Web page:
This can also be done around baby gates and doors. If your puppy is worried about you going to the bathroom, for example, you can scatter some treats outside the door while you are out. This keeps your puppy busy looking for treats while you slip in and out of the bathroom. If you are planning an activity that may take longer, such as getting changed or bathing, giving your puppy a KONG or activity toy to do on the other side of the door will help to build up a positive association with you being on the other side of the door!
Step 2: Leaving
A note on the “cry it out” method: Previously, trainers have advised that we leave puppies to “cry it out” when we leave them. However, modern dog trainers actually advise against this, as it creates more issues than it solves. Leaving your puppy in a sustained state of distress can cause great emotional scarring. Though after your puppy has finished, they may fall silent and appear to no longer be distressed, scientists believe they are in a state of depression known as “learned helplessness”.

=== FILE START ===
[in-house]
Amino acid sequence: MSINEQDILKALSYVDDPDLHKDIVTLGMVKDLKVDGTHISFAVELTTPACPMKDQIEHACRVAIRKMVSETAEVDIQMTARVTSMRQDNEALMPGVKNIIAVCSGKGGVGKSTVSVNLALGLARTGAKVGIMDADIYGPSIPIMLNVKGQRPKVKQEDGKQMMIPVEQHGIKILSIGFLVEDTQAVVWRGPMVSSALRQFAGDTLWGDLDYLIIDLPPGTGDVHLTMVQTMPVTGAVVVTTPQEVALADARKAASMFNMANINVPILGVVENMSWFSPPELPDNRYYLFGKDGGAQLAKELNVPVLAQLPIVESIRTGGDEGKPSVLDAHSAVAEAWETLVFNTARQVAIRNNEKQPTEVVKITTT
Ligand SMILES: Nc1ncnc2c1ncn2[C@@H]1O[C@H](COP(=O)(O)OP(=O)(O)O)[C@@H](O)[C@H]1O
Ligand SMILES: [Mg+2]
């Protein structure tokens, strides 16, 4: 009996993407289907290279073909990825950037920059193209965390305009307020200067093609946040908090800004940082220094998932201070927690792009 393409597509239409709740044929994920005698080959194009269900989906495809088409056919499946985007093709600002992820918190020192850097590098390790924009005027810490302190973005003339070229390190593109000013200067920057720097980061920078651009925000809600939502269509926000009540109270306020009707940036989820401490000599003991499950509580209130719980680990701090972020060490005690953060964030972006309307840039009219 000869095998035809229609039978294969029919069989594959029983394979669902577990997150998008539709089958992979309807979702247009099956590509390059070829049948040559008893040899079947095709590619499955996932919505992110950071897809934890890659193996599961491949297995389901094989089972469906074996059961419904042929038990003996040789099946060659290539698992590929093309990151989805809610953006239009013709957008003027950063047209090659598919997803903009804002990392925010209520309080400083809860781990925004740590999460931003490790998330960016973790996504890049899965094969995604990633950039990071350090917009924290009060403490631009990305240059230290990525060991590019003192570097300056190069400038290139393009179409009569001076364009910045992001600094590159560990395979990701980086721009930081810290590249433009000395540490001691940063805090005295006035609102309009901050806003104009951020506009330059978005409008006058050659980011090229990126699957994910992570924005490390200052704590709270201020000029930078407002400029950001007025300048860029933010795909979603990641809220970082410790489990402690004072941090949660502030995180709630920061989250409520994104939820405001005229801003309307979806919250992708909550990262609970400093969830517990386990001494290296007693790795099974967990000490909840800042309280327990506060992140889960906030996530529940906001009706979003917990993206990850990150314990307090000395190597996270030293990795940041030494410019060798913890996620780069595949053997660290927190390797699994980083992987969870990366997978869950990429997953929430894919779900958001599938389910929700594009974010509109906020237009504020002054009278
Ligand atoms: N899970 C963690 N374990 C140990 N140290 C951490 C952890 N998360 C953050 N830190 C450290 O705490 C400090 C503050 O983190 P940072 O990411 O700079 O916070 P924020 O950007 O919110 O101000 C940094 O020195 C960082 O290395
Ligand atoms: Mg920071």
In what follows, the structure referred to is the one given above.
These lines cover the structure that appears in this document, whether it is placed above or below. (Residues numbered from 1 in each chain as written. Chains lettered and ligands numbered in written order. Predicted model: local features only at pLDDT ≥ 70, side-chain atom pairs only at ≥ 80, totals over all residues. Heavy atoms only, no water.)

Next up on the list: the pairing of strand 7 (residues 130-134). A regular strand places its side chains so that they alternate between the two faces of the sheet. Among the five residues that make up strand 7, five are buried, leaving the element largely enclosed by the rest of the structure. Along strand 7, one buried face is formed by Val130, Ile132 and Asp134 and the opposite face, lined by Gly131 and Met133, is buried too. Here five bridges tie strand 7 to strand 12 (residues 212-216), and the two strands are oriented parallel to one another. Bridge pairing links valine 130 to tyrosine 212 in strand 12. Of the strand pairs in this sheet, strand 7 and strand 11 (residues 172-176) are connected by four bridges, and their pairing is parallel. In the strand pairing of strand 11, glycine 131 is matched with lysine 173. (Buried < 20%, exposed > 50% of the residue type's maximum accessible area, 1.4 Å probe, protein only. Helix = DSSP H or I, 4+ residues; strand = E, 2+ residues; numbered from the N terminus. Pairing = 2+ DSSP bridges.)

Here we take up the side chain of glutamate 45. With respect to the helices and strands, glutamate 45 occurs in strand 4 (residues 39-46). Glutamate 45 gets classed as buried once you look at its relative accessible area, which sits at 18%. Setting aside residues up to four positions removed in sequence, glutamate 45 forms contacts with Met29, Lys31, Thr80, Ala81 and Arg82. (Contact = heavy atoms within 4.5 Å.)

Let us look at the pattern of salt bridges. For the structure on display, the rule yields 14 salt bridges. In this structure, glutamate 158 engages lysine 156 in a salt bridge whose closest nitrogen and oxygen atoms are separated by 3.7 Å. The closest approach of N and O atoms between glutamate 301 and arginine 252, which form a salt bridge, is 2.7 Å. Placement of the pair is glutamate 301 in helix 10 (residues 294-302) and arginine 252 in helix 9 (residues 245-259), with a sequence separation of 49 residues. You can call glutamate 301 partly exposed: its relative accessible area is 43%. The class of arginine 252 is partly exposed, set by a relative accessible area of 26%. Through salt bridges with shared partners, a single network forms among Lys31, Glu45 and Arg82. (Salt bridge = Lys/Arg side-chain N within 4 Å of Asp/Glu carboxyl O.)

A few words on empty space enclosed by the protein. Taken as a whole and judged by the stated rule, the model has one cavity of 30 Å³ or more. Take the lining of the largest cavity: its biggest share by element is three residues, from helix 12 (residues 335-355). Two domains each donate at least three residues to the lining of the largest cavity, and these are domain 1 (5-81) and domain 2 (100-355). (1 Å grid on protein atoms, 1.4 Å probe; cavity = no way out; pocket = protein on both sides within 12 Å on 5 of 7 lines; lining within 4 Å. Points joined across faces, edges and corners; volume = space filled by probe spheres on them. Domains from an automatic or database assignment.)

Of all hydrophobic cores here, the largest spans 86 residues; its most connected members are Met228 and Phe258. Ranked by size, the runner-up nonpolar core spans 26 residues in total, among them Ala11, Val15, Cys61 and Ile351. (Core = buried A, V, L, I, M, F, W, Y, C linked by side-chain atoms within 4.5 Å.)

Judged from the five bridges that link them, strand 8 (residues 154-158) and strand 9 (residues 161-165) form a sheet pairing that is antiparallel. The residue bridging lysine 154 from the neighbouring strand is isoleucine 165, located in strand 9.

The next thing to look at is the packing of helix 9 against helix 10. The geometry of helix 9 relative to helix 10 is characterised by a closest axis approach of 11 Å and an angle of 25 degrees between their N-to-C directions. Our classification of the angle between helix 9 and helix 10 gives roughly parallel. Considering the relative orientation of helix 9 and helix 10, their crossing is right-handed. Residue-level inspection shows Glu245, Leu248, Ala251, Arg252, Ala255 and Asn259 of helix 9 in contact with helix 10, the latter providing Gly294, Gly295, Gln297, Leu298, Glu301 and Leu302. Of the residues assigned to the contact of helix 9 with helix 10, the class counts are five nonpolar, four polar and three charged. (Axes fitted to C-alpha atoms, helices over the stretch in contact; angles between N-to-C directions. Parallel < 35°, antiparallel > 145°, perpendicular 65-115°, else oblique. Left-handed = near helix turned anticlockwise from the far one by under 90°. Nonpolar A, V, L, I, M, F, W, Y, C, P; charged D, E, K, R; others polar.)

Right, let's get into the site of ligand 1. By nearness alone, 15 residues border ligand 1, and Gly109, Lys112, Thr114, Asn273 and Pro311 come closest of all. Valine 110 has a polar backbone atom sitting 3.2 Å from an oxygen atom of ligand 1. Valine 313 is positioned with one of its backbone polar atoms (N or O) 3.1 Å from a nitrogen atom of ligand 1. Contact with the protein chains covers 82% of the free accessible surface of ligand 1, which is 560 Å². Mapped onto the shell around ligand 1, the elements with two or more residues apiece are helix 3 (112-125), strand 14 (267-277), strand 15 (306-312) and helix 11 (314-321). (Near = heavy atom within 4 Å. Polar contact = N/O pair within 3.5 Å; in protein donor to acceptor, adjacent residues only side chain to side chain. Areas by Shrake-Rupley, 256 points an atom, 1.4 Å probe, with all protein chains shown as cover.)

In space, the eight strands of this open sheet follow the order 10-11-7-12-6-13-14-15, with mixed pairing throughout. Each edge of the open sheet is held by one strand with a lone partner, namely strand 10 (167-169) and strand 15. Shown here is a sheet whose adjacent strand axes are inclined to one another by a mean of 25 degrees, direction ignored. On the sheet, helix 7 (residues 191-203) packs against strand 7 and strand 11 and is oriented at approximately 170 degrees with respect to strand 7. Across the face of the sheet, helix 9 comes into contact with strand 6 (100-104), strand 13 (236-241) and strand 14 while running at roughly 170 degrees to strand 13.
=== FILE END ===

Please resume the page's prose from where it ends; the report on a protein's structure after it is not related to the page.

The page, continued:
Getting your puppy ready for leaving can be one of the hardest things you do! When looking to leave your puppy don’t make your departures very sudden and/or long!
For some puppies, you will need to make your move to leave by standing up and sitting down again. For others, you can progress rapidly through this stage. Looking at your individual pup’s body language and working at their rate is key to keeping your pup happy.